taking steps with our legislation," Byrne was quoted by Reuters as

"The timing of this seems to be a little eccentric," he added.

The EU says it is already moving to end the moratorium by way of
introducing legislation on labelling and traceability of GM foods.

"Just as we are about to solve the problems that exist as they see it, it
is strange to raise the temperature. If they do it, then so be it," Byrne


US to press for lifting of GMO ban

www. euobserver.com

Trade representatives ROBERT ZOELLICK (left) and the EU's PASCAL LAMY
disagree over the outcome of a possible WTO ruling.

The Financial Times on Tuesday reported that the United States may be
about to up the stakes in a long running battle with the EU, over the
latter's moratorium on genetically modified foods.

Under pressure from farmers and genetics companies, the US administration
has apparently given the go ahead for its chief trade diplomat, Robert
Zoellick to ask the World Trade Organisation to rule on whether they think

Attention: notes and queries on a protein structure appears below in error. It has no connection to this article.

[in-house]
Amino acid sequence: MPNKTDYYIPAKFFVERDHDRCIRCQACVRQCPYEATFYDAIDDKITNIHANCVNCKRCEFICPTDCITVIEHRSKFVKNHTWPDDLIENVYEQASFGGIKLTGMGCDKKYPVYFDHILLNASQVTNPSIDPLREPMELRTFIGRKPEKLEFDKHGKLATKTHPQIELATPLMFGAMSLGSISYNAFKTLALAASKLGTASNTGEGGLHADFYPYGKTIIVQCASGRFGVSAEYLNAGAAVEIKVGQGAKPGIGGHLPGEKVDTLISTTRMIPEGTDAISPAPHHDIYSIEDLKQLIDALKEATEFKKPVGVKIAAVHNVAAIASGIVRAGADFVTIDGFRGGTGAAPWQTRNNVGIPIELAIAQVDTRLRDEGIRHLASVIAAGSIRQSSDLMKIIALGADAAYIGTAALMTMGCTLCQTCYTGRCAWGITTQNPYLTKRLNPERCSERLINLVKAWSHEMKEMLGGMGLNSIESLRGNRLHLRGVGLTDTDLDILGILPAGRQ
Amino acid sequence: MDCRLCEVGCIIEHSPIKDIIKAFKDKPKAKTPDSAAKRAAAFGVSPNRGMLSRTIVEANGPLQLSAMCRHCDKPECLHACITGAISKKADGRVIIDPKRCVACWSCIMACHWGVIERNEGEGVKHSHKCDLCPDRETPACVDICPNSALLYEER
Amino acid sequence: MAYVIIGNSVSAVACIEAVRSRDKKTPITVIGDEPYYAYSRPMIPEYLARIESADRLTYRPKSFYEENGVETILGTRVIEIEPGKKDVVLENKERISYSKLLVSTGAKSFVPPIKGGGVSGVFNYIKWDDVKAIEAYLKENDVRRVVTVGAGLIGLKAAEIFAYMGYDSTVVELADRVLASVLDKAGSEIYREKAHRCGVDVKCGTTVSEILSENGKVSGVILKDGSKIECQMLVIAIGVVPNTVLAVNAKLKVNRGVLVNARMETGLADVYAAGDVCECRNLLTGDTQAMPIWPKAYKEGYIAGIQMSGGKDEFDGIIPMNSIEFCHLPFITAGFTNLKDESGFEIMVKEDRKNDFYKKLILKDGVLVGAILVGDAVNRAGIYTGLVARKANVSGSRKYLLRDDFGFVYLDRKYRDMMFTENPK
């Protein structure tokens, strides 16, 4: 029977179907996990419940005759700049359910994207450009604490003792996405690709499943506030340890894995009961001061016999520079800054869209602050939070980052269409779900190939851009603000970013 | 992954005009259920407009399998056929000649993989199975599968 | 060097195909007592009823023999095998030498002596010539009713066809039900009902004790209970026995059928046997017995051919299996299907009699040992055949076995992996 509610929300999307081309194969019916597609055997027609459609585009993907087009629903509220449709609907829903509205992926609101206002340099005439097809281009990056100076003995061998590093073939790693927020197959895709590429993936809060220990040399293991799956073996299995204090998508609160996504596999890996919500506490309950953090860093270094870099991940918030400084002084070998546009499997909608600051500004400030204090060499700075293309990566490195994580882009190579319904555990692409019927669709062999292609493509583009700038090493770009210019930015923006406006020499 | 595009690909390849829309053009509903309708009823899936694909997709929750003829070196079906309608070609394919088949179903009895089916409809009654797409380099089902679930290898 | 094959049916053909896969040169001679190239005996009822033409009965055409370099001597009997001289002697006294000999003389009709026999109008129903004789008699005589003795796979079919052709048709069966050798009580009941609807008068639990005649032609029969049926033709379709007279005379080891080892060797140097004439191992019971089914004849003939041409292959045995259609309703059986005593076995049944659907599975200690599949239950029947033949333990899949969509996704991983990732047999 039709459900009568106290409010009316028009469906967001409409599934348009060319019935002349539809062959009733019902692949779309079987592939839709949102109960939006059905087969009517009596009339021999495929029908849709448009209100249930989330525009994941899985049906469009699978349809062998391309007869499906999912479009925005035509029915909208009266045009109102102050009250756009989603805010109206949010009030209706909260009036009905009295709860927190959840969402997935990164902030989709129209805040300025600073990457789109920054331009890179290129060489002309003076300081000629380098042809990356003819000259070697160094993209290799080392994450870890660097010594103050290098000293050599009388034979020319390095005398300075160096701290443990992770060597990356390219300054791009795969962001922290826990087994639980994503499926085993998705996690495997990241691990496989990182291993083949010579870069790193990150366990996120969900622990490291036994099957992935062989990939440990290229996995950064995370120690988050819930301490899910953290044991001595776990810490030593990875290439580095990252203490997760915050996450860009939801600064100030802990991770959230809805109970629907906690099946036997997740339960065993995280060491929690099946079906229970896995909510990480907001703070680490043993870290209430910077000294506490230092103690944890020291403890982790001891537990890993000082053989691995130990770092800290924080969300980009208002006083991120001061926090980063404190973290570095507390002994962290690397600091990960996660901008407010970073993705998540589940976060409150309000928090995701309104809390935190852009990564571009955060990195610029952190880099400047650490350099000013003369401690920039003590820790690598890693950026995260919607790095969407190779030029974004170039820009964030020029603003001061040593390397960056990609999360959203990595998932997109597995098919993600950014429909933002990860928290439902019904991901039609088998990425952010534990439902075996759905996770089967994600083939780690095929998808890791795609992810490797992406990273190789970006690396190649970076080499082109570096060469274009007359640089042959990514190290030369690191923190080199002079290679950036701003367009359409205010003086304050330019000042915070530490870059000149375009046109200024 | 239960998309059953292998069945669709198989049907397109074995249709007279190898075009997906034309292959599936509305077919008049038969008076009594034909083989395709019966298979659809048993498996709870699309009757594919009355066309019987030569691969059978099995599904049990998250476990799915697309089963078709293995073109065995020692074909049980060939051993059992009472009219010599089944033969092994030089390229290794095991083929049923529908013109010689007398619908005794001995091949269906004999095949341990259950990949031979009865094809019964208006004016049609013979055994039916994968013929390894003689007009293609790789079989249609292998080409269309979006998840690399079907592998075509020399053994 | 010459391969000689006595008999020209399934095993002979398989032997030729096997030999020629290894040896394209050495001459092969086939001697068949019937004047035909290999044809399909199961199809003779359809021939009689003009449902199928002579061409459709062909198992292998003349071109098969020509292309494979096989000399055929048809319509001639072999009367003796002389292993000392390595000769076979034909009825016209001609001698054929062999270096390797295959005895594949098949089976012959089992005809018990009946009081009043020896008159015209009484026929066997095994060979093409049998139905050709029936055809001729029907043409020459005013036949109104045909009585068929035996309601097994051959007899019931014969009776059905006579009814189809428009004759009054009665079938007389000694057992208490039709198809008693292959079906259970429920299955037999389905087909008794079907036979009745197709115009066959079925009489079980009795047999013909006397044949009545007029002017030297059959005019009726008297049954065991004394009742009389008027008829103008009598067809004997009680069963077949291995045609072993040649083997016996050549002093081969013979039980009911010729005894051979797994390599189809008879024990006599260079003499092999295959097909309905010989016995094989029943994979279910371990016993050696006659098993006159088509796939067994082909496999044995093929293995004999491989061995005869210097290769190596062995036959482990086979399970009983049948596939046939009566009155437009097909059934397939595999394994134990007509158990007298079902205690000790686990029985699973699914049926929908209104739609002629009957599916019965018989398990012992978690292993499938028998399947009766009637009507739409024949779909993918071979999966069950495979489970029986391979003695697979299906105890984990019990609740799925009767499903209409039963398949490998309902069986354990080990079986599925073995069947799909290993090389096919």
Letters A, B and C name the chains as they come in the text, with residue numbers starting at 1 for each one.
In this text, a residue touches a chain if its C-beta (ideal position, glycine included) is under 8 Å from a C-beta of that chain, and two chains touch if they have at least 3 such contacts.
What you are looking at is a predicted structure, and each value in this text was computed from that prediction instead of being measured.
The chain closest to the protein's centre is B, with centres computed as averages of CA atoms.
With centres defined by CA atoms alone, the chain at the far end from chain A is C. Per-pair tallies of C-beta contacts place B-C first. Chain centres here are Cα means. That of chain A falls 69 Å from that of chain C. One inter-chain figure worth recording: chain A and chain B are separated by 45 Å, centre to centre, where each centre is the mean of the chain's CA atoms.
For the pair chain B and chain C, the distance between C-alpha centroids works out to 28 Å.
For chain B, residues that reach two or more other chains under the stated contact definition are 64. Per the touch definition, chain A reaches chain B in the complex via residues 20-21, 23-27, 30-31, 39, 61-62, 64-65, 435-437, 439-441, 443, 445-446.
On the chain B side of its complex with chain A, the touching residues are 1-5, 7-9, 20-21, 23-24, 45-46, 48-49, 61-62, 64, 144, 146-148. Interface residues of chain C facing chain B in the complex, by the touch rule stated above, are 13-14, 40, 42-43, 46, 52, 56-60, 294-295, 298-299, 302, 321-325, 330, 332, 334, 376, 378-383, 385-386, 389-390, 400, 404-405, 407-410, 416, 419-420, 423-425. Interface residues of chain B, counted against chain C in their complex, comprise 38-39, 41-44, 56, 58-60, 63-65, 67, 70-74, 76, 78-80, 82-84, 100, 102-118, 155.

the EUs "de facto ban" represents a barrier to trade.

The move comes just days after the WTO approved four billion euro worth of
EU punitive sanctions to be levied against the US as compensation for its
anti-competitive tax breaks.

Mr Zoellick has previously stated that he is in no doubt that the US has a
strong legal case. Trade Commissioner Pascal Lamy, however has said he
thinks the EU would win the case, although most commentators seem to back
the US.

Even so, any ruling against the EU is likely to be seen by many as a
ruling in favour of GMOs, a move unlikely to improve the already poor
reputation of the WTO and US in Europe. Trade diplomats fear a high
profile European boycott of US products could follow.

The move will do nothing to improve the atmosphere in negotiations for the
WTOs already faltering Doha Development Agenda.

The Commission is likely to be enraged as it is currently facing stiff
opposition in an EU, inter-institutional battle to end the moratorium on

According to the FT, the European Commissioner responsible for health and